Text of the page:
Tuberc Respir Dis > Volume 66(1); 2009 > Article
Tuberculosis and Respiratory Diseases 2009;66(1):37-41.
DOI: https://doi.org/10.4046/trd.2009.66.1.37    Published online January 1, 2009.
Two Cases of Hot Tub Lung in Bodyscrubbers Working in a Public Bath.
Ji Young Bak, Kwang Sil Kim, I Nae Park, Ho Kee Yum, Seung Heon Lee, Hyun Kyung Lee, Young Min Lee, Hoon Jung, Jin Won Hur, Seong Soon Lee, Hyuk Pyo Lee, Soo Jeon Choi, Eun Ah Shin, Sang Bong Choi
1Department of Internal Medicine, Paik Hospital, Inje University Collage of Medicine, Seoul, Korea. chsbong@paik.ac.kr
2Department of Pathology, Paik Hospital, Inje University Collage of Medicine, Seoul, Korea.
Abstract
Hot tub lung has been described as a pulmonary illness associated with exposure to nontuberculous mycobacteria, mainly hot bathtub water contaminated with Mycobacterium avium complex (MAC) and hence the name. Although not entirely clear, its etiology has been thought to involve either an infection or a hypersensitivity pneumonitis secondary to MAC. Herein, we describe 2 female patients (60 and 53 years old) admitted to our hospital with hot tub lung, and both of whom worked in a public bath. Both women were initially admitted following several months of exertional dyspnea and cough. The patients had been working as body-scrubbers in a public bath for several years. Their chest CT scans showed bilateral diffuse ground-glass opacities with multifocal air-trappings and poorly defined centrilobular nodules in both lungs. Pathological findings from lung specimens revealed small non-necrotizing granuloma in the lung parenchyme with relatively normal-looking adjacent alveoli. Discontinuation of working in the public bath led to an improvement in symptoms and radiographic abnormalities, without antimycobacterial therapy.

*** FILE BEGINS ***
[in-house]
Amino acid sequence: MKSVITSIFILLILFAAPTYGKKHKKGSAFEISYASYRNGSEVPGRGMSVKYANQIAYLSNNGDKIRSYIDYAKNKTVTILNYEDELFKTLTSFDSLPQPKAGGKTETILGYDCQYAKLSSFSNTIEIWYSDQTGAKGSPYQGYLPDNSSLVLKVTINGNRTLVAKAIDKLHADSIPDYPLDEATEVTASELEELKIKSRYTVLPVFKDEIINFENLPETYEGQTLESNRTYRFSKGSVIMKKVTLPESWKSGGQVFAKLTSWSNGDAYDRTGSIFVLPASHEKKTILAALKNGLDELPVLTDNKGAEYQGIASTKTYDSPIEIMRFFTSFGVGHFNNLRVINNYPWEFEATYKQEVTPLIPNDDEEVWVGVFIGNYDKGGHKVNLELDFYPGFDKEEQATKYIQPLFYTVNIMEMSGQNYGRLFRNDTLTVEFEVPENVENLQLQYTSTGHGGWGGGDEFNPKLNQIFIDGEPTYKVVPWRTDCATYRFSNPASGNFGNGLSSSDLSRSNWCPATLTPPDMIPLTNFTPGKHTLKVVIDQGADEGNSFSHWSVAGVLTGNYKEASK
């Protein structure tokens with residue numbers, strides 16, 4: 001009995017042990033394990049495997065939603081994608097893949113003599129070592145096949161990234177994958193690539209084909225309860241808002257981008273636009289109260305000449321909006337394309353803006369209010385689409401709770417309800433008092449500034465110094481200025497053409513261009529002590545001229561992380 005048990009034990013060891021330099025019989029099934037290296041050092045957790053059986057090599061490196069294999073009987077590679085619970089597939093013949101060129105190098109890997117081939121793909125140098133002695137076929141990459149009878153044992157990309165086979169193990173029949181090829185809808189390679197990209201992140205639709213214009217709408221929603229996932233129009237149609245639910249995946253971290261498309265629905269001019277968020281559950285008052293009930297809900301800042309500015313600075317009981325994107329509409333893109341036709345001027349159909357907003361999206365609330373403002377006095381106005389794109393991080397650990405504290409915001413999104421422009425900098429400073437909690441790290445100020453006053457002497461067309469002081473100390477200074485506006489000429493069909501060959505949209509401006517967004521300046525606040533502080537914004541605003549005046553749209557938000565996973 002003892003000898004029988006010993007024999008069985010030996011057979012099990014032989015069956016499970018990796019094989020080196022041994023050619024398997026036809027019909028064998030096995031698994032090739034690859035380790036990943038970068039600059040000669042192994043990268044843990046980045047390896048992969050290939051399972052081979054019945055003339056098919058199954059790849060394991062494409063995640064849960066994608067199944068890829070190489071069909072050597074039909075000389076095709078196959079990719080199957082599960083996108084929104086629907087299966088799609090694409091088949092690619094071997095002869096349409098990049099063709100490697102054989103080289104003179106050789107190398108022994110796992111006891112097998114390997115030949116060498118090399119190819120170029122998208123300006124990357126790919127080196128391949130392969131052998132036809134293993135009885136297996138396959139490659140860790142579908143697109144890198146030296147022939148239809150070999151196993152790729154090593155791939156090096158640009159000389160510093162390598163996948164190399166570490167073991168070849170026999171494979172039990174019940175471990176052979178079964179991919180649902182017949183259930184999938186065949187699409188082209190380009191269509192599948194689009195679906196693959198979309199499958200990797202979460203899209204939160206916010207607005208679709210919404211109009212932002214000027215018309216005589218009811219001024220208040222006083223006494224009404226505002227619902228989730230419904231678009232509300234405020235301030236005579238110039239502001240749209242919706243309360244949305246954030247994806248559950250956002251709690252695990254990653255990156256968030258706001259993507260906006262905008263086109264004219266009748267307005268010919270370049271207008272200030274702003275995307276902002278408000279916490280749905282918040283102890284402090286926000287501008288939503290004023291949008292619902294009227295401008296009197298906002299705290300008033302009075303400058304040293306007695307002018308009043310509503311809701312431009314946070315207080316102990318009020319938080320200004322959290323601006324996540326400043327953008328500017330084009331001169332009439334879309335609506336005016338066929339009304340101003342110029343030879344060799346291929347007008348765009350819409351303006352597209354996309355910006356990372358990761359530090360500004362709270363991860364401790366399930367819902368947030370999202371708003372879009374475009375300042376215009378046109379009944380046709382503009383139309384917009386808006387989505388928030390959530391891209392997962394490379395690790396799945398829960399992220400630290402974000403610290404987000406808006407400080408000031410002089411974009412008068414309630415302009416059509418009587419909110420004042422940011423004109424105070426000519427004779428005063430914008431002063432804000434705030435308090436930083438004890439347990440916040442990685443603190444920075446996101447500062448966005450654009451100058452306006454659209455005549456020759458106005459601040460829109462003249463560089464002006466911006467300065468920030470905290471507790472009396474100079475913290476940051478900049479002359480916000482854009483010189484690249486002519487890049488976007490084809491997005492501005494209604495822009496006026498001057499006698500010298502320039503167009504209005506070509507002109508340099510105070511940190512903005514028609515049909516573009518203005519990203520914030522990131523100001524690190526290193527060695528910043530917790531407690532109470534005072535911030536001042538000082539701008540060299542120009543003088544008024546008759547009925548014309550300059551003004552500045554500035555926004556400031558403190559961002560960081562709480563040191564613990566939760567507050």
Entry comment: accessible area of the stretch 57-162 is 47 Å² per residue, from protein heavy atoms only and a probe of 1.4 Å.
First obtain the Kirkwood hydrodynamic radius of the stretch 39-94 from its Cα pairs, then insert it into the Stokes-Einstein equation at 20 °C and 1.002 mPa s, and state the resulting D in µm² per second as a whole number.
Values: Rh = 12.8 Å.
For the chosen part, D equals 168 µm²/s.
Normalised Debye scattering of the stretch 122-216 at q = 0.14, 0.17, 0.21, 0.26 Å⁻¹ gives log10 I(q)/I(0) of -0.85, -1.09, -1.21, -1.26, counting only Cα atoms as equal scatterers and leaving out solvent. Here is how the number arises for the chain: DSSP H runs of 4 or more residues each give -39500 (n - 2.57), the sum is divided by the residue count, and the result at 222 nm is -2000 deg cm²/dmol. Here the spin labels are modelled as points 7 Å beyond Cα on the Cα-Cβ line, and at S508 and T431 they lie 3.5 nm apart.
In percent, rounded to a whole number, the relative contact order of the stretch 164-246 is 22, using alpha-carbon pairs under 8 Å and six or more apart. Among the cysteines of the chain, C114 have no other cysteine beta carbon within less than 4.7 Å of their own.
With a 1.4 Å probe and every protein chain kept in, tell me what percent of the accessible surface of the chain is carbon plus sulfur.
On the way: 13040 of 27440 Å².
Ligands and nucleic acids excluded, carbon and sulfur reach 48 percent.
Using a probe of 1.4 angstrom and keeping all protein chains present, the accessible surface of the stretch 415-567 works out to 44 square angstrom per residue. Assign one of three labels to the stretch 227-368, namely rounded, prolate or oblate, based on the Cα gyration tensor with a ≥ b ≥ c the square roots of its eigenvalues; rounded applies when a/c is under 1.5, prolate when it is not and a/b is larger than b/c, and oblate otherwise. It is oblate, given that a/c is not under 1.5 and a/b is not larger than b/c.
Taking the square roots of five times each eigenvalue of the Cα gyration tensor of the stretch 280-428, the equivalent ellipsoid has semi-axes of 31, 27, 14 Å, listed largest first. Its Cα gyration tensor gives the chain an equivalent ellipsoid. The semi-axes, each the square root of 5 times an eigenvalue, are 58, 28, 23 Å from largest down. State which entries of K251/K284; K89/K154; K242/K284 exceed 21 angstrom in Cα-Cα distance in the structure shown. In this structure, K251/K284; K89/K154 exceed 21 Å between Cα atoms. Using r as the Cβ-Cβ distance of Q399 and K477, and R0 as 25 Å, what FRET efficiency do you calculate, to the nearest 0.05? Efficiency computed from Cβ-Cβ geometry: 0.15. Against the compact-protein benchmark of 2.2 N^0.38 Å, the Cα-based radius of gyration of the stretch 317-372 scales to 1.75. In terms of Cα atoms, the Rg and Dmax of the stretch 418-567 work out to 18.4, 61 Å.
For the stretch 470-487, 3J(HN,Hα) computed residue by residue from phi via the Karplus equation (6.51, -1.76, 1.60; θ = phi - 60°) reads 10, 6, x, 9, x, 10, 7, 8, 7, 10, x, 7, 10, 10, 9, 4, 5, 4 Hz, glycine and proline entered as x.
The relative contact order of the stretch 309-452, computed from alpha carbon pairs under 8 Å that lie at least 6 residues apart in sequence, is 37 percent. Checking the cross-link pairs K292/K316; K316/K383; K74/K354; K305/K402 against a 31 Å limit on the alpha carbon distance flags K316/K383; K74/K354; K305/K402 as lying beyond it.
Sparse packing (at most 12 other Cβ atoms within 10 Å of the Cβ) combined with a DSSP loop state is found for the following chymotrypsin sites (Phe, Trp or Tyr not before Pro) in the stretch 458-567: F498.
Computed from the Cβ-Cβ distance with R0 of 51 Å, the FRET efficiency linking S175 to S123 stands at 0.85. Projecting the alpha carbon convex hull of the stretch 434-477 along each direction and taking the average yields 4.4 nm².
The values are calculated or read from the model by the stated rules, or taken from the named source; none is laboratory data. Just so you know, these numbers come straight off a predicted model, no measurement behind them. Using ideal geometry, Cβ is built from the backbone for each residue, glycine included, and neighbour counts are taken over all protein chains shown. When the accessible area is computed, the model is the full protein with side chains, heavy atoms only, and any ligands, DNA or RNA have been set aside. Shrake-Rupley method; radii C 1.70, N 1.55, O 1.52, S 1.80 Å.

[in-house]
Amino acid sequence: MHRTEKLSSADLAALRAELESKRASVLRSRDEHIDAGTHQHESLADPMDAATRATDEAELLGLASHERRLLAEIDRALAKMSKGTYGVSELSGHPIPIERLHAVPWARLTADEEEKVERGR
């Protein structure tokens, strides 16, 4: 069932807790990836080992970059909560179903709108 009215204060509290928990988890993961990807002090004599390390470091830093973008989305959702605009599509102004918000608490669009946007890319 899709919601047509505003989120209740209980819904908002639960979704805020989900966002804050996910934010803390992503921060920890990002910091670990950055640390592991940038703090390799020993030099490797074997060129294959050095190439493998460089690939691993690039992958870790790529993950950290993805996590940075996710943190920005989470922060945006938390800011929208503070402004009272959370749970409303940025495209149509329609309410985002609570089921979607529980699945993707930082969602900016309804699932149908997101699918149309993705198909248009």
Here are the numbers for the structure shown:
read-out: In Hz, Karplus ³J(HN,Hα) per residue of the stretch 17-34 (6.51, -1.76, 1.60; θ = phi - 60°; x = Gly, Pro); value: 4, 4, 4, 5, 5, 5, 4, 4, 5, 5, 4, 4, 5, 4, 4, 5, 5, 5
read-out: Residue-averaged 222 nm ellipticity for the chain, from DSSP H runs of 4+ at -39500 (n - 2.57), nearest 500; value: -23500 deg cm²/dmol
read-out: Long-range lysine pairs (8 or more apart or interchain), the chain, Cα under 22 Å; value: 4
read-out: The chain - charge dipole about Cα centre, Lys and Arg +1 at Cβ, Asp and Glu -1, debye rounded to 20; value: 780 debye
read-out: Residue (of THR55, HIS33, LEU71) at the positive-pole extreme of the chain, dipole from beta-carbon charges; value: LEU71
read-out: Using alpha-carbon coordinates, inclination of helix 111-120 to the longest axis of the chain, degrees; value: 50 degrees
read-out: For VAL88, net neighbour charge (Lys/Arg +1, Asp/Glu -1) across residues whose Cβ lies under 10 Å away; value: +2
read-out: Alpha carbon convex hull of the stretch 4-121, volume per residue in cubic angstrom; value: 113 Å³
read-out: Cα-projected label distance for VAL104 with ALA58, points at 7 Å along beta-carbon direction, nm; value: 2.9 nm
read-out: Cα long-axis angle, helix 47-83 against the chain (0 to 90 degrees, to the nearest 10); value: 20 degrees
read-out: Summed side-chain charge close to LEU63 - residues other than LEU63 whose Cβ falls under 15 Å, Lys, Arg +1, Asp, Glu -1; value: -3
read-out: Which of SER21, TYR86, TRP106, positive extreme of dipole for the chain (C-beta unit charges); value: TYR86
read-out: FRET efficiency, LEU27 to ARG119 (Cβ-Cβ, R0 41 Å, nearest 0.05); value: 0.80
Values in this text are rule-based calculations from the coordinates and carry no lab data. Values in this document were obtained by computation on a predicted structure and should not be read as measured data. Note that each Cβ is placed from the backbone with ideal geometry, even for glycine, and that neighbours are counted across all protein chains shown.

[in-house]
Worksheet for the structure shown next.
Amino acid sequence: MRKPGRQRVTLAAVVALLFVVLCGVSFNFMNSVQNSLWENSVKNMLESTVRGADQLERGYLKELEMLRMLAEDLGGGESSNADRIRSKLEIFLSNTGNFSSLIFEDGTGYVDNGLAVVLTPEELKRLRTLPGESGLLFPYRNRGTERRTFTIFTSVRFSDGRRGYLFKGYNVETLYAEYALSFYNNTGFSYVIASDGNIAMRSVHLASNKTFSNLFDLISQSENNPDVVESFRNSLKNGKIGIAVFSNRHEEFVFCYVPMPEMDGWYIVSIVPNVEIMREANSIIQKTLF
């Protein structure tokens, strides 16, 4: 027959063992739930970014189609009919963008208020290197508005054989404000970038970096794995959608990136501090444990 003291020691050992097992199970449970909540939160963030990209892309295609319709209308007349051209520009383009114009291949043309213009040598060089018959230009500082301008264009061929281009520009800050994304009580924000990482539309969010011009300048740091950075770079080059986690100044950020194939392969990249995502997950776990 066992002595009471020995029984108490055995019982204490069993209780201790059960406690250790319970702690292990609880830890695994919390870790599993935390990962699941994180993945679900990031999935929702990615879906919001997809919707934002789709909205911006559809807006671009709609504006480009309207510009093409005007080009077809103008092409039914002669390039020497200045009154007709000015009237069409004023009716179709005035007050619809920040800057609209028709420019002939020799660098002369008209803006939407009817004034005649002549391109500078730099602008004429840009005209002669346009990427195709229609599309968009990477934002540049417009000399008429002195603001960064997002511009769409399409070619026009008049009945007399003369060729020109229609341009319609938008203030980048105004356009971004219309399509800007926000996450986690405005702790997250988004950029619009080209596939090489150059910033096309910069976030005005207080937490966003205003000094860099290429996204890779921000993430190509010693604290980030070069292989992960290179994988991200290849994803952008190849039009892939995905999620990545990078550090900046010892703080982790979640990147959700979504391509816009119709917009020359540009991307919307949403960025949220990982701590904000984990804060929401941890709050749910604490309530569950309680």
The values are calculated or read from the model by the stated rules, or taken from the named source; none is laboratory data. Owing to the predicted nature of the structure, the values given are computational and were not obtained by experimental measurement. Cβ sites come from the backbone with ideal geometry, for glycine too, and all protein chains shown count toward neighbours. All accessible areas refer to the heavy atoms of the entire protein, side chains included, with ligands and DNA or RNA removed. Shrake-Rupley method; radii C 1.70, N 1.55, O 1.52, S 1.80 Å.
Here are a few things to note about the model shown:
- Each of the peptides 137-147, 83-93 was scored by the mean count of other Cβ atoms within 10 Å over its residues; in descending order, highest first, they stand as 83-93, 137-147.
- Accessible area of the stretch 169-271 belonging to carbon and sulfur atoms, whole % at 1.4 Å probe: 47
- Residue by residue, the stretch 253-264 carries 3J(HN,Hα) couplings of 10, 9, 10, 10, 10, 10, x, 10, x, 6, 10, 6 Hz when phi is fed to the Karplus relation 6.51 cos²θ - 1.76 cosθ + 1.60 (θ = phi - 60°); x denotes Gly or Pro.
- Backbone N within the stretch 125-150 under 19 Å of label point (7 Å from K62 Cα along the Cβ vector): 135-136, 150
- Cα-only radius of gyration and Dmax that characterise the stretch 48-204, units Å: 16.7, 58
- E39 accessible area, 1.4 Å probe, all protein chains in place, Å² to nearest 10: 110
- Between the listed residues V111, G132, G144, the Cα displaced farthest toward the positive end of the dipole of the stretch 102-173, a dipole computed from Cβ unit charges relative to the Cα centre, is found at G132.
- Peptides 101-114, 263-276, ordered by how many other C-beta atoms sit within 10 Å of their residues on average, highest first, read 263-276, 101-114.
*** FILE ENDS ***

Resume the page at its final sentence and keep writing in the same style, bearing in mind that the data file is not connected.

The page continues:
Key Words: Hypersensitivity pneumonitis, Hot tub, Nontuberculous mycobacteria, Granulomatous lung disease
TOOLS
METRICS Graph View
  • 3 Crossref
  • 3 Scopus
  • 2,993 View
  • 17 Download
Related articles


ABOUT
ARTICLE & TOPICS
Article category

Browse all articles >

Topics

Browse all articles >

BROWSE ARTICLES
FOR CONTRIBUTORS
Editorial Office
101-605, 58, Banpo-daero, Seocho-gu (Seocho-dong, Seocho Art-Xi), Seoul 06652, Korea
Tel: +82-2-575-3825, +82-2-576-5347    Fax: +82-2-572-6683    E-mail: katrdsubmit@lungkorea.org                

Copyright © 2024 by The Korean Academy of Tuberculosis and Respiratory Diseases. All rights reserved.

Developed in M2PI

Close layer
prev next